Larry Gordon was a pivotal innovator in the southern California surf culture of the late-1950s and earl- 1960s. He was also my uncle. Along with Floyd Smith (also my uncle - San Diego was a small town back then, if you can believe that) Gordon and Smith developed some of the first foam and resin surfboards, which, to make a long story very short, transformed the sport.
He was also a man of deep Christian faith. Although he and I never aligned on the specifics of our belief systems, we did have many interesting discussions--and arguments--about the nature of living as a spiritual person.
Larry Gordon was diagnosed with Parkinson's over ten years before his death. How he conducted himself--with strength and with dignity--during an illness that mocked that strength and spit on that dignity is one of the most profound models of how to live one's belief's that I have seen.
Below is a piece I wrote for my aunt and cousins when my Uncle Larry passed away a couple weeks ago. I find it interesting that despite the religious ideas that he and I used to talk about, it was his actions as a father that have left the deepest impression.
According to the writer Adam Gopnik, we moderns are drawn to faith while practicing doubt.
Larry Gordon--my Uncle Larry--was that contrarian figure who was drawn to faith while practicing faith. He lived by his beliefs, and those beliefs lived in him, infusing everything from surfing to running a business. But it was Uncle Larry’s practice of faith as a father that has left the deepest impression on me.
I have the bad habit of realizing life-lessons long after they’re applicable. Sometimes I find myself mimicking my role models without realizing who those role models are. And although I’m a terrible surfer, a poor scientist, a distracted searcher of spiritual truths, Larry Gordon is a role model for the kind of dad I want to be.
My own father left when I was six. It seemed at that time as though the world of my childhood was divided between those children whose dads had stayed and those whose dads had left. There is in this an uncomfortable feeling of exposure, that you are somehow undeserving, that you are somehow to blame, that the absence you feel so acutely is a detectable flaw in you or on you.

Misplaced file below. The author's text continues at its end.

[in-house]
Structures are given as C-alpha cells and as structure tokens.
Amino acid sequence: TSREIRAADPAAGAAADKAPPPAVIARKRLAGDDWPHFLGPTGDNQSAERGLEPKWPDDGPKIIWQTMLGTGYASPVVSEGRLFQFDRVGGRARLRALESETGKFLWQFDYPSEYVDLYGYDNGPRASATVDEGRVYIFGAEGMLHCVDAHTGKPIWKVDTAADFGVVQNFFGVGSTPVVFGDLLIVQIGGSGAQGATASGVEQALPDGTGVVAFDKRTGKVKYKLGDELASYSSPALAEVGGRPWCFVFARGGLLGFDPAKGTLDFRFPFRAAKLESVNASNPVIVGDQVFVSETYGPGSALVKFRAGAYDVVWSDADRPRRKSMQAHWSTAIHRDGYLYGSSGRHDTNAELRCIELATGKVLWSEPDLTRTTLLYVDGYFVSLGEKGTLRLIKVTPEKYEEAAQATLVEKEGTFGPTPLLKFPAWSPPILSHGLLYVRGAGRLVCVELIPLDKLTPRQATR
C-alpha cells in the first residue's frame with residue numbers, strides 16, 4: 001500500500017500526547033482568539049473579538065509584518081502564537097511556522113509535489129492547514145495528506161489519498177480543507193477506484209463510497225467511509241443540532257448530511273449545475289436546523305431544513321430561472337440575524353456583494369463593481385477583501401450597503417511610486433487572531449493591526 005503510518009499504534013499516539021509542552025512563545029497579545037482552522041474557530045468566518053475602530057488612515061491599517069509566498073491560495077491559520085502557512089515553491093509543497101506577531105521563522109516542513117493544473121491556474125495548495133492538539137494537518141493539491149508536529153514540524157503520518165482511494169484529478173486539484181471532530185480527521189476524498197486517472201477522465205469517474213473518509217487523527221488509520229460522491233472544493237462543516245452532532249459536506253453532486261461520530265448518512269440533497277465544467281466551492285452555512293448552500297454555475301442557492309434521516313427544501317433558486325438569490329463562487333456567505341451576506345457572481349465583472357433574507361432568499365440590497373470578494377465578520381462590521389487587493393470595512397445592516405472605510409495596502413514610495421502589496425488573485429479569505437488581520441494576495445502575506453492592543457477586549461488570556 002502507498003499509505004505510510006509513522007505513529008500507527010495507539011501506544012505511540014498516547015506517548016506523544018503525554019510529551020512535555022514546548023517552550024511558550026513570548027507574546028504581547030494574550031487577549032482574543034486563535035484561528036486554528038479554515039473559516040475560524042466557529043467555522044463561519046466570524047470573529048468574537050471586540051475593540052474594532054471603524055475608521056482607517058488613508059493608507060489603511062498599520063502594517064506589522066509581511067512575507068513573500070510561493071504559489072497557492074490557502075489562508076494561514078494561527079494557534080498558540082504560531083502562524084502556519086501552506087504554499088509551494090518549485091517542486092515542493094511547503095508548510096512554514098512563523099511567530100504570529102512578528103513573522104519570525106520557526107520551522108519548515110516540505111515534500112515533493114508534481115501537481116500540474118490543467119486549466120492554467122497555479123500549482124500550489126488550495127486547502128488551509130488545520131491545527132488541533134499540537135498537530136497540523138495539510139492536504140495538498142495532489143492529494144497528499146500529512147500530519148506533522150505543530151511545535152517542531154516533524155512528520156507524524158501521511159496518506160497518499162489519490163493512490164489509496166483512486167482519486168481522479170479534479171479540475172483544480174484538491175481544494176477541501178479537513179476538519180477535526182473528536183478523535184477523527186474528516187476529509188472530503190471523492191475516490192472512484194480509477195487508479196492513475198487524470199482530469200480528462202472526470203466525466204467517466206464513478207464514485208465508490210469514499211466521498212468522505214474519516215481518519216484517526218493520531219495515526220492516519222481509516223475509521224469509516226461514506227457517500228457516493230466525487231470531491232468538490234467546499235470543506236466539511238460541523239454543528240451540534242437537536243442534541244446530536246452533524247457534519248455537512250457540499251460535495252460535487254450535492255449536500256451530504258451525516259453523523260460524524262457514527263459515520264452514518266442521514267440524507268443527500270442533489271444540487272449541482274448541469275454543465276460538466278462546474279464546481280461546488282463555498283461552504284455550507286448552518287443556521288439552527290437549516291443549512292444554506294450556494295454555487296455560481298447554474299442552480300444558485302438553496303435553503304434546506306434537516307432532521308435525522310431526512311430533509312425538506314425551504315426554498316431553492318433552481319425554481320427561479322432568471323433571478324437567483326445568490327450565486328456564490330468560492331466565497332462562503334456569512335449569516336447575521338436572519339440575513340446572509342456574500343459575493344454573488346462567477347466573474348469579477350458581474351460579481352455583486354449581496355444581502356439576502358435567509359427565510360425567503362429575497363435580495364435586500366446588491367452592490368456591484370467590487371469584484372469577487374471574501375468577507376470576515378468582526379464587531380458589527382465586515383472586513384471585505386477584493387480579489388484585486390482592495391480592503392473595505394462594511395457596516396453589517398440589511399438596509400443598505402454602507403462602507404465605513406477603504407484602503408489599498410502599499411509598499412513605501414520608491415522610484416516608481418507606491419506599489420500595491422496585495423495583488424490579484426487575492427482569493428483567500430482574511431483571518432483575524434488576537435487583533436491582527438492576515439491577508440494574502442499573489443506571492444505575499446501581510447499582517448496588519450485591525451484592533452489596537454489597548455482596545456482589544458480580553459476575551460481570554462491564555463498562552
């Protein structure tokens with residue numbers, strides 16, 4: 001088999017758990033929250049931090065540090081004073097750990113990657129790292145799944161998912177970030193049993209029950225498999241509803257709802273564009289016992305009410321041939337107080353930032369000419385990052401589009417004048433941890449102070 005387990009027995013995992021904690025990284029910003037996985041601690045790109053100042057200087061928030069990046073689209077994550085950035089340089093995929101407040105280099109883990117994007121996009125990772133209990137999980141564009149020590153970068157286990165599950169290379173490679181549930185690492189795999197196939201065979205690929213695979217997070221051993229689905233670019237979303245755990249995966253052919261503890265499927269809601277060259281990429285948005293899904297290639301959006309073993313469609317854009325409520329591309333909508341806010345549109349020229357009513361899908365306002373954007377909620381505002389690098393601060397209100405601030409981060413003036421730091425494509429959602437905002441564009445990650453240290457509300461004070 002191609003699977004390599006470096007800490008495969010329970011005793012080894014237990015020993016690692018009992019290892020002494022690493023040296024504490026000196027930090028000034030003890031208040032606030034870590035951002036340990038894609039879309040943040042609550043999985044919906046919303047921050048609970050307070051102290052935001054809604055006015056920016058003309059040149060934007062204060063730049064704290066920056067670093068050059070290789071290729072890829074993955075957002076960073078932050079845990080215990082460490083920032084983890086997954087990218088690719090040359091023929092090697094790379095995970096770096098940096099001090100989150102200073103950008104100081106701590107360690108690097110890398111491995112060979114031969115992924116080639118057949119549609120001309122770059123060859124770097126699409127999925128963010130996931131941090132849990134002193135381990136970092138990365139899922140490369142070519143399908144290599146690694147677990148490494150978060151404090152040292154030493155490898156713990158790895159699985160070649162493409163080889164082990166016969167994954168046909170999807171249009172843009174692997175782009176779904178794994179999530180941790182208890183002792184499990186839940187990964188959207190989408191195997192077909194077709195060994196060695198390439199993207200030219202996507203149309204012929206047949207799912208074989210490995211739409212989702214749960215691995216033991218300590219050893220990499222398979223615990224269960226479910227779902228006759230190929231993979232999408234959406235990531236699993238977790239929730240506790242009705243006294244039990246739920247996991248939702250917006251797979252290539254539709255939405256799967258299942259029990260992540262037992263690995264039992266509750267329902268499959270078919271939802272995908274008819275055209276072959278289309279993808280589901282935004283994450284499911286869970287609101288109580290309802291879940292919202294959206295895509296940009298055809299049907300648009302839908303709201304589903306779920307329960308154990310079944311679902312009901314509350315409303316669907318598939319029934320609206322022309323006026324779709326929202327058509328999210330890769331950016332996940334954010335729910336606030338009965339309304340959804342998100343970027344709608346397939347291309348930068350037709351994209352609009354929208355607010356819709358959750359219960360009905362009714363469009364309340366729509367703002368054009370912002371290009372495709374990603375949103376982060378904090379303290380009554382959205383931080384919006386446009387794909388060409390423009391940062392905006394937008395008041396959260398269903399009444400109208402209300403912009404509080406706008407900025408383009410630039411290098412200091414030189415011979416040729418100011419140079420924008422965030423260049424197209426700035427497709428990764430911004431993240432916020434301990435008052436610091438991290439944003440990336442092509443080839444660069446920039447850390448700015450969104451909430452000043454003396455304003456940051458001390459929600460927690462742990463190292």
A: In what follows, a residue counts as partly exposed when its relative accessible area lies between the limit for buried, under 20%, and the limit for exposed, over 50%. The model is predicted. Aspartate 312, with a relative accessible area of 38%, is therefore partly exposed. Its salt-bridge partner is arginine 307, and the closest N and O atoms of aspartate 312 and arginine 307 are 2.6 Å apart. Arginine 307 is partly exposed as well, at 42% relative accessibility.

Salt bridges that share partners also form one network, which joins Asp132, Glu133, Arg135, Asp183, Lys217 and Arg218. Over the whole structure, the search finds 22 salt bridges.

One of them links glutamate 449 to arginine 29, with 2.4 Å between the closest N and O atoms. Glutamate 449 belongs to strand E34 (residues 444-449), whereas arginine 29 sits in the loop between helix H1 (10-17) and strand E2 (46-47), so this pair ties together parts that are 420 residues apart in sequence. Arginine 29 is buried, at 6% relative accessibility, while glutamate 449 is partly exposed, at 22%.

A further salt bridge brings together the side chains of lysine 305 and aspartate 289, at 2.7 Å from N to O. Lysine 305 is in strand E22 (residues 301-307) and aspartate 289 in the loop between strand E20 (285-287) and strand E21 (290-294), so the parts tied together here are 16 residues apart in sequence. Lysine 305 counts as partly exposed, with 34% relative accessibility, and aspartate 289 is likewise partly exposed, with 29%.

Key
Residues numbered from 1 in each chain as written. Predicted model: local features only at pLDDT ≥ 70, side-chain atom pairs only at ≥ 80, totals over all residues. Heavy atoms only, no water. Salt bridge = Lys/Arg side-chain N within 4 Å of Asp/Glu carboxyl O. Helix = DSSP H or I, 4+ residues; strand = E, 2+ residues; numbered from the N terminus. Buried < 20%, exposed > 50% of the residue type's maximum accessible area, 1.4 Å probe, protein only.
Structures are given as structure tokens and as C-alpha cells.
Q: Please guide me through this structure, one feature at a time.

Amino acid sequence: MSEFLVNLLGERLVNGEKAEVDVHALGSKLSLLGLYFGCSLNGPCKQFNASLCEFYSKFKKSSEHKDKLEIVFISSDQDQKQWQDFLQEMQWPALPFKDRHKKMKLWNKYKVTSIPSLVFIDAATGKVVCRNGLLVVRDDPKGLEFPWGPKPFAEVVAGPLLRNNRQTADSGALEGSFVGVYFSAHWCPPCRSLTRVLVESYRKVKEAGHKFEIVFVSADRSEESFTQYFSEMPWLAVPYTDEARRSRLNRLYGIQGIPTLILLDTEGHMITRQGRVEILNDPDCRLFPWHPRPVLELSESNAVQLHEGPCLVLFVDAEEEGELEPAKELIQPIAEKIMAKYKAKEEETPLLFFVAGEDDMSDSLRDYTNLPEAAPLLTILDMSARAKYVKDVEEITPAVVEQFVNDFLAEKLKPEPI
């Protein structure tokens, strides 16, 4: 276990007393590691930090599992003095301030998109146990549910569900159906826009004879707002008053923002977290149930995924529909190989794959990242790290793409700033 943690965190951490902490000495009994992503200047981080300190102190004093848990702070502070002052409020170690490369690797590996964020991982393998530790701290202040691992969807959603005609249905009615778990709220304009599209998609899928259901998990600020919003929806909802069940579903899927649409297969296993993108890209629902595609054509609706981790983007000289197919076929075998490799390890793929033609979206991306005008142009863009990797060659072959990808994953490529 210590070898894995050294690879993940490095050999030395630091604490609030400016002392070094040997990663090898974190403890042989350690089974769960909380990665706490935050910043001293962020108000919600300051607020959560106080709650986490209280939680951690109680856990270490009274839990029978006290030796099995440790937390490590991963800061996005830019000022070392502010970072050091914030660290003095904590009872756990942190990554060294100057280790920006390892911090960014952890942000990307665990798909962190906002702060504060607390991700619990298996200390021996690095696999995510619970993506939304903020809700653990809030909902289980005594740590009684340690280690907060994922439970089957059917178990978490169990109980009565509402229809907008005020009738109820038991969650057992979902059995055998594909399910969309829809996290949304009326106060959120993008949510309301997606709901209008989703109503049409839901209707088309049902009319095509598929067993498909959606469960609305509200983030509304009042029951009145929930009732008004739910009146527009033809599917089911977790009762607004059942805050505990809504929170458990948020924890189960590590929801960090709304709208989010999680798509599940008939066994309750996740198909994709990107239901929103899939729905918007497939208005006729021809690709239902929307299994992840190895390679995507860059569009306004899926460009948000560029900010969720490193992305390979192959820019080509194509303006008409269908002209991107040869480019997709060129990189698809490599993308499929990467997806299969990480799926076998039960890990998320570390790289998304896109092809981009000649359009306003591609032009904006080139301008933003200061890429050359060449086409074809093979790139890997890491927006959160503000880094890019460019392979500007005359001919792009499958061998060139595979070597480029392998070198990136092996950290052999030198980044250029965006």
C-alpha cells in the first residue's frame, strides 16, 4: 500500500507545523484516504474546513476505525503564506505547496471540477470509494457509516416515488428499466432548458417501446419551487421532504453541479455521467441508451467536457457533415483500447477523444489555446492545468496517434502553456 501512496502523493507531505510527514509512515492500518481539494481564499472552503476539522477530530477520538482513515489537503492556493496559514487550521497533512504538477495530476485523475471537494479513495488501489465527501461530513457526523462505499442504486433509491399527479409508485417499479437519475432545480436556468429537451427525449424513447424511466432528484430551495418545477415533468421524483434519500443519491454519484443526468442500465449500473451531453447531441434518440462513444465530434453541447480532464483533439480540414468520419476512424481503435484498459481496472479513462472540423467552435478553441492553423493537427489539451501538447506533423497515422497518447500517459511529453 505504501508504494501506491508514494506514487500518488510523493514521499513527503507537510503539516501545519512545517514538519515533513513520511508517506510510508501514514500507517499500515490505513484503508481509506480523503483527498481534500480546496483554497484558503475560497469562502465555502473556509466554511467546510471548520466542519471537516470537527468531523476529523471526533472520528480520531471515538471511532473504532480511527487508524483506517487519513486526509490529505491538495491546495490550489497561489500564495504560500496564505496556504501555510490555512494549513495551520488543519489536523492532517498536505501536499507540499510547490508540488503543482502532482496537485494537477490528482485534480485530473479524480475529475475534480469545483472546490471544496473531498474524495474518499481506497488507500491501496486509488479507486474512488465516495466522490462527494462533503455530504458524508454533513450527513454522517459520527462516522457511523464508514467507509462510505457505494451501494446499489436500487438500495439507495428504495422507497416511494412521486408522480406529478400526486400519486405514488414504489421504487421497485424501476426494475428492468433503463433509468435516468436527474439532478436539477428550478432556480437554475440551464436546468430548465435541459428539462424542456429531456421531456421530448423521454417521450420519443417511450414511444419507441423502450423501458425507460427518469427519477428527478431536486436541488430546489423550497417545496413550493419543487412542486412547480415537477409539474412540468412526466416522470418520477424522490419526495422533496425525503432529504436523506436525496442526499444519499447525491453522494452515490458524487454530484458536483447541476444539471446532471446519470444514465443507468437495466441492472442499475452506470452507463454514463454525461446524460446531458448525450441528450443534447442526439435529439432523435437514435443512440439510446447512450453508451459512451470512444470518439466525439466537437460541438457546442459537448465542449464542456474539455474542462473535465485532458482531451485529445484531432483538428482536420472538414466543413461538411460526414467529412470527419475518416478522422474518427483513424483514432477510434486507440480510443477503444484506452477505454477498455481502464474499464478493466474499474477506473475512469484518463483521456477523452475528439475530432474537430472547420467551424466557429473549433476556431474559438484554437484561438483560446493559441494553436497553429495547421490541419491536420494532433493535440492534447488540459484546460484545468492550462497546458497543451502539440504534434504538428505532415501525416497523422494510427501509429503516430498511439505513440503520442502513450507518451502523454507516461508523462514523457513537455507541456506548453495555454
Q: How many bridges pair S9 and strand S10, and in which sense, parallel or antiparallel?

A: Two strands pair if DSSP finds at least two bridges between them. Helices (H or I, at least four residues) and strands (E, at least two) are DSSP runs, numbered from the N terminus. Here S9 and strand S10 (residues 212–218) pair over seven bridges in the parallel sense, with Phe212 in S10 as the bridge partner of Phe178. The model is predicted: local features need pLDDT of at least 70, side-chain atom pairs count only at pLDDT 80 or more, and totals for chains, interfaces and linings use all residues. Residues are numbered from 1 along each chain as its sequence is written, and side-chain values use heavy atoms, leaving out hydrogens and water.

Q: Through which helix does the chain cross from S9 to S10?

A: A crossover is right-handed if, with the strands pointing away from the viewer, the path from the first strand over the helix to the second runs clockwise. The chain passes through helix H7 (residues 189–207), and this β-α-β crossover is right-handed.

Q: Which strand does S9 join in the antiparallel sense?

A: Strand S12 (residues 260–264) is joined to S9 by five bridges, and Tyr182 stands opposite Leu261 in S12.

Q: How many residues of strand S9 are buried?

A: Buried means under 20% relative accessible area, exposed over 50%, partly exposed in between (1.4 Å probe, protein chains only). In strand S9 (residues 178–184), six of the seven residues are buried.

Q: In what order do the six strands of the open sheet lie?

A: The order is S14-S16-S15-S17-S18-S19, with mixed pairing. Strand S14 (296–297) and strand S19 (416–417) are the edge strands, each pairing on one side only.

During that tenuous time just after my dad left, perhaps sensing that I needed guidance, the Gordon family took me to their church and included me in their community. And what lingers more than anything else about that time was how being accepted by a family where the father was present and engaged, where the father wanted nothing more than to be right there with his wife and his children, was quietly powerful and beautiful and something that I desperately needed to experience.
I couldn’t have a father like Larry, but I can try to be a father like him. Or, to put it in a way that Uncle Larry might appreciate, I will be the dad I would have wanted whether my own children like it or not.
Make no mistake, I fail more often than I succeed. I’m frequently humbled. I spend much of my parenting time practicing doubt.
In my better moments, though, I try emulate Larry, and the example he established: let your beliefs guide you, seize each swell as a new possibility, be there in the moment, be present, whether you’re stoked or whether you fall, and always, always be ready to paddle out one more time no matter what the ocean throws at you.
Although I certainly have doubts about my own performance as a parent, thanks to his example, I have absolute faith that the act of being a good father can be done and it can be done gloriously.